Barbara Nelson

March 19, 2018

Getting it Wrong

It’s happened twice in the past week. I’m quickly browsing e-commerce sites, and I inadvertently click on a product that is annoyingly too close to the “next” arrow. Voila, within six hours an email appears in my inbox featuring the product I’m not interested in. That, and about 20 more products that look exactly like the product I’m not interested in. Twenty times the annoyance. Twenty times less likely to ever return to that site.

Those in data-driven marketing know how it all works. It’s the supposed targeting and presumed relevance that result in a mind-numbing quantity of monochromatic look-a-like products I’m told are “so me, I must buy!” It sends me heading for my favorite command: DELETE.

They missed the mark. They shouldn’t have tried what they couldn’t pull off.

The Danger

There’s a lot being written and discussed these days regarding marketing to the segment of one. Good in theory, yes. Application? Maybe just not yet. Artificial intelligence often takes too many liberties in the intimacy of the relationship with the consumer. It can often go against established social and psychological norms, jeopardizing a brand’s reputation in the process. Per the Winterberry Group’s Outlook for Data-Driven Marketing – First Look for 2018 report, 41% of U.S. consumers have abandoned a company because of poor personalization and lack of trust, something they estimate has cost marketers $756 billion[i].

Targeting, if done correctly, creates a stronger affinity for the brand and product being advertised. But what if the ad misses its mark? The impact on the non-targets is quite interesting. Non-distinctive viewers (mainstream) have been shown to dislike advertisements targeting others more than distinctive viewers (subgroup interests) disliked ads targeting others[ii].

Consumers in small subgroups and sectors are accustomed to seeing ads for the mass market, seeking what they need in the marketplace and appreciative of ads that break the norm, appearing more relevant to them. But for mainstream consumers, ads that are obviously not targeted toward them stand out clearly, quickly diminishing any persuasive nature the ads were intended to deliver.

Bottom line: if you’re going to target your ad, especially to a niche market, you’d better hit the mark. The more finely tuned and targeted the ad, the greater the importance of delivering the right message to the right person at the right time.

Making it Work

If you hit your mark, targeting works. How might one stay out of the danger zone while improving relevance for the consumer? A few recommendations are offered below:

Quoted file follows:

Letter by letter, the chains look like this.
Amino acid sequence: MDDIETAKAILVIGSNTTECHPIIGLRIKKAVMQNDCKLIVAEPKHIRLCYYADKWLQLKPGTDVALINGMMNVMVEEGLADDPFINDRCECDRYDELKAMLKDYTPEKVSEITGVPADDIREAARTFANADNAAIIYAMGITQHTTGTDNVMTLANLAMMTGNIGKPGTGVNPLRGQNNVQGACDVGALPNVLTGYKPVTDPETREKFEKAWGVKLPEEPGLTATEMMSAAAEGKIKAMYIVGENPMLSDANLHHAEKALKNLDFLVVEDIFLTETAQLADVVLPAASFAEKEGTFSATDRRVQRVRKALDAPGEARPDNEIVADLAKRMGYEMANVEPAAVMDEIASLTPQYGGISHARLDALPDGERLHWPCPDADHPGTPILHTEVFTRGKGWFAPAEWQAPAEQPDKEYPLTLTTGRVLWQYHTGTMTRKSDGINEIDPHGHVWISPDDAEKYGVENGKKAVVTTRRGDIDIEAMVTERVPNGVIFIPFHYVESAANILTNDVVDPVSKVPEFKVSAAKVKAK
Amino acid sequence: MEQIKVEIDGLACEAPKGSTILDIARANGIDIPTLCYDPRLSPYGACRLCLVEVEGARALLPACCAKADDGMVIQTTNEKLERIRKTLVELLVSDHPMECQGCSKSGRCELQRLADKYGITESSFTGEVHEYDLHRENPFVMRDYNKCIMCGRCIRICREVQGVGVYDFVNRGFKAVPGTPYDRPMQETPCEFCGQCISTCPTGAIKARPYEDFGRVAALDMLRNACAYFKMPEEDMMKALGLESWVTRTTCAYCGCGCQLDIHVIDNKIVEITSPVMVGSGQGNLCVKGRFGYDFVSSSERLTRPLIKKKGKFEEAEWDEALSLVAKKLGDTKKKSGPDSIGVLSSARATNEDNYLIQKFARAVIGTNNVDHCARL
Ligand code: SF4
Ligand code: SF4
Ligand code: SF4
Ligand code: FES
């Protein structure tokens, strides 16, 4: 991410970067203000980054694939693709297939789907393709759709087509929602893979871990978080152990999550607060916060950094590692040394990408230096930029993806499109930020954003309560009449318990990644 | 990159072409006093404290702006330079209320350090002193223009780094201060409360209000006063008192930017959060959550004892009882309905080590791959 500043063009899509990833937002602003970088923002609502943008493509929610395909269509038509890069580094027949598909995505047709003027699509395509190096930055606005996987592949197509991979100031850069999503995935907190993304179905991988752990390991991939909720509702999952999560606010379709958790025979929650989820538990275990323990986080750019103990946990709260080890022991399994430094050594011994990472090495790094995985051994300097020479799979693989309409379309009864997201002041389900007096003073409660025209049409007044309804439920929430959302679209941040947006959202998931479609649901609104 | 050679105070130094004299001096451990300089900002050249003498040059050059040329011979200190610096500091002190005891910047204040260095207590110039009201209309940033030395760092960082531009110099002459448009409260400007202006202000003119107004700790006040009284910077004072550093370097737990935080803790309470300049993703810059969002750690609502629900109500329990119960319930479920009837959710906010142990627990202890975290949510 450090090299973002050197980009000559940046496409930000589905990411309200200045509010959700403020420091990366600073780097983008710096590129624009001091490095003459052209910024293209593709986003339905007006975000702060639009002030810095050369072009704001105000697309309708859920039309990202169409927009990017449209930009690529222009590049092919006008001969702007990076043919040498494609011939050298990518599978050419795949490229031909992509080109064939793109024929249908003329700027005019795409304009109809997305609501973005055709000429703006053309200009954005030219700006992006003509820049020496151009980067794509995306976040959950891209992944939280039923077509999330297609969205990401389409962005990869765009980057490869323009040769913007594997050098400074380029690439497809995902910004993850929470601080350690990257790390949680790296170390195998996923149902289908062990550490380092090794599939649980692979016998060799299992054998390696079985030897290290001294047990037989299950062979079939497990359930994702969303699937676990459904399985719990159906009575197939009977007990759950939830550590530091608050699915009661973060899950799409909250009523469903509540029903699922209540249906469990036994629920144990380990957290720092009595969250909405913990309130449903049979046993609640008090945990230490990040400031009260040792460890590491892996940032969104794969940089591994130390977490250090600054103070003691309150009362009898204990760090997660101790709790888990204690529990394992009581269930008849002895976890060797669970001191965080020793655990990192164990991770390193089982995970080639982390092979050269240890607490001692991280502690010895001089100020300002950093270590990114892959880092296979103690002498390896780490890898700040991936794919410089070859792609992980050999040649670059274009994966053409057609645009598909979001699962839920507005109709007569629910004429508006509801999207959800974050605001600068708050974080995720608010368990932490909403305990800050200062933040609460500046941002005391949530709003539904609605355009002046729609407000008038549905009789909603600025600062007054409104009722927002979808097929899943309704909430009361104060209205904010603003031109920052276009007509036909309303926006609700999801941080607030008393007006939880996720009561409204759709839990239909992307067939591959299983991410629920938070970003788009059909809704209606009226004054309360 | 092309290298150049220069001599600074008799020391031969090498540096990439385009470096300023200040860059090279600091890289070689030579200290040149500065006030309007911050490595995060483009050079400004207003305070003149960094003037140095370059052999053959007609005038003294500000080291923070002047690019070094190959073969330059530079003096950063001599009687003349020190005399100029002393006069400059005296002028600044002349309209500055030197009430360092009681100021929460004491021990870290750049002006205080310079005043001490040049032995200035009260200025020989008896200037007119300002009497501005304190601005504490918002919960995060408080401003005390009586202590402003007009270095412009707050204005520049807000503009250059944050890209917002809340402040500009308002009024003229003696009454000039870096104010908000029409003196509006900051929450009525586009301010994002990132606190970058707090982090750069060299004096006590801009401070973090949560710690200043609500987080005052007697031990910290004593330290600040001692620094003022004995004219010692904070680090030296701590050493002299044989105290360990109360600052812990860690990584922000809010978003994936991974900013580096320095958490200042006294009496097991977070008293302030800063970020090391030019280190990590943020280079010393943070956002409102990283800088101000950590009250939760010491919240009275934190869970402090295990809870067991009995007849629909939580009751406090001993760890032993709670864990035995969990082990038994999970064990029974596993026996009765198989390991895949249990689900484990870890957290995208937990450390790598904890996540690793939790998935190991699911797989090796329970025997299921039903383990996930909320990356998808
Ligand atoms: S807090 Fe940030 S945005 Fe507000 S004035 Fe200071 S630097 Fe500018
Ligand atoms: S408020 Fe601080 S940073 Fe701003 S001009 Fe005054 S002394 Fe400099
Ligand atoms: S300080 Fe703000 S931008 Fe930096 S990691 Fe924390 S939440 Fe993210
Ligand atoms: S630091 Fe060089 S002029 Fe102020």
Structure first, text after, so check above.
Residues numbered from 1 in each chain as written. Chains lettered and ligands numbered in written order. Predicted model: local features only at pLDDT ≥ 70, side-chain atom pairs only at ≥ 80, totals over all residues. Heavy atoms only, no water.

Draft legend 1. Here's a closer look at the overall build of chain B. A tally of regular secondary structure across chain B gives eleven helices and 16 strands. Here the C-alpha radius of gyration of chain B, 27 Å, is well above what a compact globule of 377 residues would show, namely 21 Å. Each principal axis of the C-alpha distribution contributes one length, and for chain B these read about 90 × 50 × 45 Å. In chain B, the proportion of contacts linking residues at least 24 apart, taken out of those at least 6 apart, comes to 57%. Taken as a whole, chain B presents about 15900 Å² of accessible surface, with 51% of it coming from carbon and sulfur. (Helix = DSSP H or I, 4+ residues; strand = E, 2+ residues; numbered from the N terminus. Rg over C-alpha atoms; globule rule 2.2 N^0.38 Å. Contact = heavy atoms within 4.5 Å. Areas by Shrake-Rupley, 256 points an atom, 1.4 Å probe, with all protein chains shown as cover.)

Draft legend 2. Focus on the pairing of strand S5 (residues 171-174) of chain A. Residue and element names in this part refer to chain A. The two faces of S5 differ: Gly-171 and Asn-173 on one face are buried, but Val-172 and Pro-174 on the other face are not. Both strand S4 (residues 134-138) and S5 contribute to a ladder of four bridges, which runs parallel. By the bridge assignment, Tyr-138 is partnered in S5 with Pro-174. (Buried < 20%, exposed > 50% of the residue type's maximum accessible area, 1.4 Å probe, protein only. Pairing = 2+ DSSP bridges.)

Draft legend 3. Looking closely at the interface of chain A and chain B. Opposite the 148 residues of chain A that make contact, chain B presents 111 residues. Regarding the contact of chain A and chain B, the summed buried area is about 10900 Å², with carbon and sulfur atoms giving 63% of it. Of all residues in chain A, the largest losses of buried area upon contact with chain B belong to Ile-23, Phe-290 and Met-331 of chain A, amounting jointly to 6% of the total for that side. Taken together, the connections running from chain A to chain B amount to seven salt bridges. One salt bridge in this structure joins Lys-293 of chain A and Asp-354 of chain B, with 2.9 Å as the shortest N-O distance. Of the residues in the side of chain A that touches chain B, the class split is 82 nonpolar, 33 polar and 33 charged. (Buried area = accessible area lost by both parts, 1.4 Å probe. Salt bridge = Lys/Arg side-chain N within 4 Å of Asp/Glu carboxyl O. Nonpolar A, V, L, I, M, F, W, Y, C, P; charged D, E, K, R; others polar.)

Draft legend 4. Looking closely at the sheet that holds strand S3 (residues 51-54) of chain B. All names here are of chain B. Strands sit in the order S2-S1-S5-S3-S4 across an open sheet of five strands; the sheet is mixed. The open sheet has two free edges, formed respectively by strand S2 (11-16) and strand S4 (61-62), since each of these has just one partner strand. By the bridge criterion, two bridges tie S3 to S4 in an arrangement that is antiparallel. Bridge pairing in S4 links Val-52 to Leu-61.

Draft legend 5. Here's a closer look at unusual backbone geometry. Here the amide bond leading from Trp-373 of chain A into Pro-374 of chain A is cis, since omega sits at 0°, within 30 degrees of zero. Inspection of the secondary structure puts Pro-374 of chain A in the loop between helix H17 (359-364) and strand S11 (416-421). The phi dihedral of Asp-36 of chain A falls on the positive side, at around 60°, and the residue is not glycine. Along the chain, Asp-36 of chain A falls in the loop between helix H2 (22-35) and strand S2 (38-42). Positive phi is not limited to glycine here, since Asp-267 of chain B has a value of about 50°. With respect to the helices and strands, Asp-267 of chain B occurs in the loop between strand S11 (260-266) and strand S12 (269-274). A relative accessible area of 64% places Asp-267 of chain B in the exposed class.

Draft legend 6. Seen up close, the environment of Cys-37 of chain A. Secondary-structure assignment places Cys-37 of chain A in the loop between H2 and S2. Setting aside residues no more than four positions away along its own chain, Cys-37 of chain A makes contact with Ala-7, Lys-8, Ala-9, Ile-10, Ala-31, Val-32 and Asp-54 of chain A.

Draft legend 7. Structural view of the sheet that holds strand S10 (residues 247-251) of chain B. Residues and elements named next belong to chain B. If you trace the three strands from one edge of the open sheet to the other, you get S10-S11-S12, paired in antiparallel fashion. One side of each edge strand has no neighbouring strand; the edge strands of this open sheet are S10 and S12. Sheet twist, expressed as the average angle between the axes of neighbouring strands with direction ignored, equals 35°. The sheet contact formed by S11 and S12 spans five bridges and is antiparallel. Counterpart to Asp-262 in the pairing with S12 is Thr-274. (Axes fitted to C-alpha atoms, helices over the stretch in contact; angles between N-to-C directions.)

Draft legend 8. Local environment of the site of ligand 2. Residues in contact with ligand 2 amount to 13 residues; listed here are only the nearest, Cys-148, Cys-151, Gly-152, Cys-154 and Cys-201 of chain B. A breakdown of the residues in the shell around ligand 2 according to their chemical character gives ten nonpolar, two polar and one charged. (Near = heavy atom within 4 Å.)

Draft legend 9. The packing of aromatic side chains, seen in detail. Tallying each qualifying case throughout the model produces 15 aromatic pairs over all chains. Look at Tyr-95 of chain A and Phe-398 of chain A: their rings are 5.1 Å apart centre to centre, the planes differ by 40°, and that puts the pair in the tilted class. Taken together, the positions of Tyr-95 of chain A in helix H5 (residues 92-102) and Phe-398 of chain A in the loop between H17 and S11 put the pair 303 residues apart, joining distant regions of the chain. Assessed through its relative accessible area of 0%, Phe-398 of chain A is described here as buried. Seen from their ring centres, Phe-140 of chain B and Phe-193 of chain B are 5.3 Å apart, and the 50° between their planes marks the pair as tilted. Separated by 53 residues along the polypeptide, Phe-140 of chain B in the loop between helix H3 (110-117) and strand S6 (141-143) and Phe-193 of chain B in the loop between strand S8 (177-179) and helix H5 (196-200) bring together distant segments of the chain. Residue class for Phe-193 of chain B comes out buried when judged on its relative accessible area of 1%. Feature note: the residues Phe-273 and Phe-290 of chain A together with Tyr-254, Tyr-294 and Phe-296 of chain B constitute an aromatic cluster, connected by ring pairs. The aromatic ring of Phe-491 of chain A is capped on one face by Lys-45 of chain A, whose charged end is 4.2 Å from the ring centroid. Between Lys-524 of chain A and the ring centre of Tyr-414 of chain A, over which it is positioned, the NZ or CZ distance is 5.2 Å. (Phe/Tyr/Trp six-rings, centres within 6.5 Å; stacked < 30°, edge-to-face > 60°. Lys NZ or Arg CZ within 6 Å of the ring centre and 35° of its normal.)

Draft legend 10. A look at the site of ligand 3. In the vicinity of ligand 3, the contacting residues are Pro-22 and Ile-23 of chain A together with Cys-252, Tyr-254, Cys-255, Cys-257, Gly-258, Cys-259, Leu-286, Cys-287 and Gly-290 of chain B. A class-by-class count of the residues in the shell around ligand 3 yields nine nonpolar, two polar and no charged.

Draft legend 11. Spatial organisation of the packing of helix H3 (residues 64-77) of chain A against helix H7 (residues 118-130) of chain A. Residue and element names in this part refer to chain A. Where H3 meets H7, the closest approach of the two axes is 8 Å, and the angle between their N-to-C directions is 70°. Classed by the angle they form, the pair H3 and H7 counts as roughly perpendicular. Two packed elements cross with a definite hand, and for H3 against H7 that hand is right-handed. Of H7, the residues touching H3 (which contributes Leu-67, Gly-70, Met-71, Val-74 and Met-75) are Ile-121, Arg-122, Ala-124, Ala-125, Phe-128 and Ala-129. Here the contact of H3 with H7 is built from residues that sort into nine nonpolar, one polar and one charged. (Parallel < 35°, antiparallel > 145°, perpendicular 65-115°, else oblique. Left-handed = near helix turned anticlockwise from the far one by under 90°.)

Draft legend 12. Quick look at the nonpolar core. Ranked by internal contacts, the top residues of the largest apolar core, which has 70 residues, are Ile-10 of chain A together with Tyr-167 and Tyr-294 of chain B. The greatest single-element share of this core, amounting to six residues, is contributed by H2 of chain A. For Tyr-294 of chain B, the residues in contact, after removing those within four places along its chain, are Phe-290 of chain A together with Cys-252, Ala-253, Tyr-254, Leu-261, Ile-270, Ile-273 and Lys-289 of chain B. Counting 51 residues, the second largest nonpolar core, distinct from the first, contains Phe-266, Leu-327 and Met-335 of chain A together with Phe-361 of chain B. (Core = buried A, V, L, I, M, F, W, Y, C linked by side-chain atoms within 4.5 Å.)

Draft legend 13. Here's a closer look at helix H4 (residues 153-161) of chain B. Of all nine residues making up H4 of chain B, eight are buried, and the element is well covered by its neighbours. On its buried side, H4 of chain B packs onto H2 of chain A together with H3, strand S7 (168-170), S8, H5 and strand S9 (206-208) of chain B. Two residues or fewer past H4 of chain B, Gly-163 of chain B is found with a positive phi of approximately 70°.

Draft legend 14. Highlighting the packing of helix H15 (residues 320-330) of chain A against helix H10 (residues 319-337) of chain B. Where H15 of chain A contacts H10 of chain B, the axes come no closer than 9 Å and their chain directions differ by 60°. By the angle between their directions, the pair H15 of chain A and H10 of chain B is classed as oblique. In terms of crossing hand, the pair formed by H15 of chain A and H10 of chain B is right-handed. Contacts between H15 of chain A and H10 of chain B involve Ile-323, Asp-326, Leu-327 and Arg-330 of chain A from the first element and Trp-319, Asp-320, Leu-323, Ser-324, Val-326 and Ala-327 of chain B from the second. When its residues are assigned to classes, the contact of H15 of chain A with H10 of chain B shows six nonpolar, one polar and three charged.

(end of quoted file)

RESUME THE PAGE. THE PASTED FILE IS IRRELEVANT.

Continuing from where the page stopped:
• Start with a solid, meaningful and effective segmentation system. The segments allow for a degree of relevance and personalization that mass marketing cannot offer, yet are not so targeted that they would turn off non-targets. An IBM global study on the state of marketing found 65% of top marketers use a segmentation system to understand consumers and drive marketing initiatives. This compared to 49% of other marketers[iii]. Clearly, segmentation is working for the top marketers.
  • Verify the accuracy of the data being used for targeting. The fastest path to a “miss” is using out-of-date or inaccurate data. And in today’s world of rapidly exploding application of artificial intelligence in marketing, one wrong piece of data can be exploded exponentially and proliferated throughout the marketplace. If you’re unsure of the accuracy, don’t use it for micro-targeting. Step back a level to your segmentation system until you have the accurate data that will create meaningful and effective communications with the consumer.
  • Make good use of the customer journey. It’s a journey, and journeys are made up of many small steps. Small steps are typically less likely to be missteps than giant leaps. By starting with broader strokes that provide relevance while not overstepping, you’re much less likely to end up in the danger zone, breaking trust and adding to the $756 billion loss from poor personalization.

It is indeed all about people-based marketing. People are emotional beings, entrenched in psychological and social norms, all of which impact their reactions to marketing. To achieve success, marketers must execute with care and tact, always keeping the impact on the target – and non-target – in mind.

 

 

[i] Outlook for Data-Driven Marketing – First Look for 2018, Bruce Biegel, Senior Managing Director, Winterberry Group.

[ii] Nontarget Markets and Viewer Distinctiveness: The Impact of Target Marketing on Advertising Attitudes, Jennifer L. Aaker, Anne M. Brumbaugh and Sonya A. Grier, Journal of Consumer Psychology.

[iii] The State of Marketing 2013, IBM’s Global Survey of Marketers, IBM Corporation.

Barbara Nelson

Barbara Nelson

As a Senior Product Manager, Barbara oversees the development, maintenance and lifecycle of segmentation and geospatial products in Acxiom’s consumer data products portfolio. Having specialized in direct and data-driven marketing for over two decades, she’s worked on both sides of the table, gaining invaluable insights from the client’s perspective, as well as that of the consultant’s. Barbara earned her bachelor’s degree in Science and Master’s in Quality & Applied Statistics from the Rochester Institute of Technology.